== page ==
Lewis Cass and the Politics of Moderation

By Willard Carl Klunder | Go to book overview

Chapter Eight
The Presidential Election of 1848: "The Election of Gen. Cass Is Certain -- but That of Gen. Taylor a Leetle More So"

EIGHTEEN FORTY-EIGHT was an exciting year in the history of Western civilization. Americans viewed the revolutionary events in Europe with wonderment as the post-Napoleonic order established by the Congress of Vienna began to unravel. From Tipperary to Wallachia, from the Baltic to the Balkans, popular insurrections and nationalistic rebellions rolled across the continent, promising a more liberal Europe, before being brutally suppressed by autocratic governments. American society as well underwent significant, albeit less violent, changes. In January, gold was discovered in California, and the stampede of fortune seekers to the West Coast forever altered the political and economic structure of the country. John Jacob Astor, the wealthiest man in America, died in New York City on March 29, and the public was titillated by reports he bequeathed little of an estimated twenty million dollar fortune to charity or civic improvements. Women's rights advocates under the leadership of Elizabeth Cady Stanton and Lucretia Mott gathered at Seneca Falls, New York, to agitate for equality. And on the national political scene, the country was engaged in another quadrennial exercise to choose a chief executive.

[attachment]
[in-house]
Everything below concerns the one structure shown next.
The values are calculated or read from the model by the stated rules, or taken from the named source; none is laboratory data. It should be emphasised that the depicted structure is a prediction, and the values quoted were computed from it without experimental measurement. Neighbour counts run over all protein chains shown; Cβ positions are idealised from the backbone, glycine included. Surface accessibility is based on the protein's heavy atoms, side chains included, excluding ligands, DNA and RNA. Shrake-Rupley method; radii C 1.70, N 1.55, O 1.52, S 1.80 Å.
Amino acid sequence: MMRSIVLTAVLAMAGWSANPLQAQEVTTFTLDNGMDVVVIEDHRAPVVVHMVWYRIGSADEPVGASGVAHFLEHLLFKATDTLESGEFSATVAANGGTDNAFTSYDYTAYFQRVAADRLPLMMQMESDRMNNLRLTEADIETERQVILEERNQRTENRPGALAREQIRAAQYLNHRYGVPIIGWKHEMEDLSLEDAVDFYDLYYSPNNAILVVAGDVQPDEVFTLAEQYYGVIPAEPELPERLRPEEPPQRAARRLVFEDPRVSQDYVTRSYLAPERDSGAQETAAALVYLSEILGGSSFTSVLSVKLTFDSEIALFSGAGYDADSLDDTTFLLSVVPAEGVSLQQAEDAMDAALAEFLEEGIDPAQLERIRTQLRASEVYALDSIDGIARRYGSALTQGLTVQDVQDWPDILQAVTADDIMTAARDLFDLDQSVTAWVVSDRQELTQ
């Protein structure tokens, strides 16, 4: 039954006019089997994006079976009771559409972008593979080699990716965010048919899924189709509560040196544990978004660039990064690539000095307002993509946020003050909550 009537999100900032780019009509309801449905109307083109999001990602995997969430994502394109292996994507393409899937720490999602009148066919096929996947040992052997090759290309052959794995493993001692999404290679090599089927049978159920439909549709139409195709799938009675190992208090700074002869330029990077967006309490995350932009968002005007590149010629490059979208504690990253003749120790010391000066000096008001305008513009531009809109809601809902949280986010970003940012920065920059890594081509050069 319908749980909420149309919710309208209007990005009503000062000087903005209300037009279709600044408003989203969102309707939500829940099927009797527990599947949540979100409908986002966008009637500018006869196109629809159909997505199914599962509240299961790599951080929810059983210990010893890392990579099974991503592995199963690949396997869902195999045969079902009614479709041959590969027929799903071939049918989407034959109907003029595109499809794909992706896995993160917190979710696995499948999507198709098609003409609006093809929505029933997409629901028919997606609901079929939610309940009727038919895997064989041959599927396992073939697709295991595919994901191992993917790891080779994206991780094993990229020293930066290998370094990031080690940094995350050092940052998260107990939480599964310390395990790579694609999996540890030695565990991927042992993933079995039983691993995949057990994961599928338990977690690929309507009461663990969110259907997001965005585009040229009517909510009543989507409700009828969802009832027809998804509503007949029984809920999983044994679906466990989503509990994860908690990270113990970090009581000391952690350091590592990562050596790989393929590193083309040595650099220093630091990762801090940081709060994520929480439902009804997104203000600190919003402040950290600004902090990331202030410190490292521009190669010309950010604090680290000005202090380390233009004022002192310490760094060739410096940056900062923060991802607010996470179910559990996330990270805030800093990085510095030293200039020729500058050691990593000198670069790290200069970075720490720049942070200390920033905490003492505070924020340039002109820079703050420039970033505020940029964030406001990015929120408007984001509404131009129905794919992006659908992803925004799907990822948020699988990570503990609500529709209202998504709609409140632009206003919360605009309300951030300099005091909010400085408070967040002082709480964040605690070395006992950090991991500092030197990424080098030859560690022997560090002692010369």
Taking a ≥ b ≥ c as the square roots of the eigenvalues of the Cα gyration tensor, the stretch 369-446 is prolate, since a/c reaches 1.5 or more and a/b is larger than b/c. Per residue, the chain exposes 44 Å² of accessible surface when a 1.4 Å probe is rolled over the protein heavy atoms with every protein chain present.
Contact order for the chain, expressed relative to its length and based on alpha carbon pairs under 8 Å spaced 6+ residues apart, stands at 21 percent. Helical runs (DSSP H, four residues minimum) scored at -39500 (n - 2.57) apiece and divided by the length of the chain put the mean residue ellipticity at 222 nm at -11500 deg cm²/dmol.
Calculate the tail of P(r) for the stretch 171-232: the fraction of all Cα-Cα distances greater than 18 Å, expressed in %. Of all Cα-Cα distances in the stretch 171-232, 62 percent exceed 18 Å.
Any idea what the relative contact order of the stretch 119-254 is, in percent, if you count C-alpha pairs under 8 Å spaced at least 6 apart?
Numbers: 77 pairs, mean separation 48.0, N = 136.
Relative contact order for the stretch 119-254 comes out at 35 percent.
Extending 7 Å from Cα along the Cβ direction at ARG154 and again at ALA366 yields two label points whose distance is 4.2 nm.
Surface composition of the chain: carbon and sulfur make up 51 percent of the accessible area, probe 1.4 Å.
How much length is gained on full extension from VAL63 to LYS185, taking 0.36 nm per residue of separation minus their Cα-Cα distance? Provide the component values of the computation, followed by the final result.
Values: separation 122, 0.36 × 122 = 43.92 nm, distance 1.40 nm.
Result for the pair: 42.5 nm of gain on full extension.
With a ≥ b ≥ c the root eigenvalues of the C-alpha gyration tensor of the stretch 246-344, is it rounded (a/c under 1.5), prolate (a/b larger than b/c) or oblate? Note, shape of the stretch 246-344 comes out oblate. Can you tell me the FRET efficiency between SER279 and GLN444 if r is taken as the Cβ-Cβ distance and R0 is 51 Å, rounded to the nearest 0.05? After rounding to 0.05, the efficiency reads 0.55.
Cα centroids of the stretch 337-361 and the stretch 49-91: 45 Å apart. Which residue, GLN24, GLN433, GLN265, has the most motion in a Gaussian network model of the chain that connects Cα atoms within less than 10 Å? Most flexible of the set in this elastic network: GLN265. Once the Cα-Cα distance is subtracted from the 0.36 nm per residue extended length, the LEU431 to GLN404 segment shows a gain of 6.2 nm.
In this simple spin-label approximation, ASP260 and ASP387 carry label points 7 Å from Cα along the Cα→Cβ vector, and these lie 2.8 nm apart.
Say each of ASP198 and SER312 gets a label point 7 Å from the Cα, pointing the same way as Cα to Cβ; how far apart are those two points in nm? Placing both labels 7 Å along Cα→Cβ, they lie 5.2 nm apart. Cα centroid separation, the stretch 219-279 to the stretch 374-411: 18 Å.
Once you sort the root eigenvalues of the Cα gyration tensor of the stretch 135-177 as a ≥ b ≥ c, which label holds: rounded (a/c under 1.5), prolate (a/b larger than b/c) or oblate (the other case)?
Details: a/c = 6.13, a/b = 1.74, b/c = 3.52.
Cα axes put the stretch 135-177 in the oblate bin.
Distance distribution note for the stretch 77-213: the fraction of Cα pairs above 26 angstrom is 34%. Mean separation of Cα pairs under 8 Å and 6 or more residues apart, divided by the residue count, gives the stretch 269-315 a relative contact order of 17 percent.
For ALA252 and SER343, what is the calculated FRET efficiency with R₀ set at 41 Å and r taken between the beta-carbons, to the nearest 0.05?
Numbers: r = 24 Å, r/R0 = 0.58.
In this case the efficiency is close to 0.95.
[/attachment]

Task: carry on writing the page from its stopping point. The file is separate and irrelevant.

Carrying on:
The presidential race was well underway by the time the Free Soilers adjourned their convention at Buffalo. The political sniping commenced with the Baltimore nomination of Lewis Cass and developed into total warfare after the selection of Zachary Taylor by the Whigs. Until the Free

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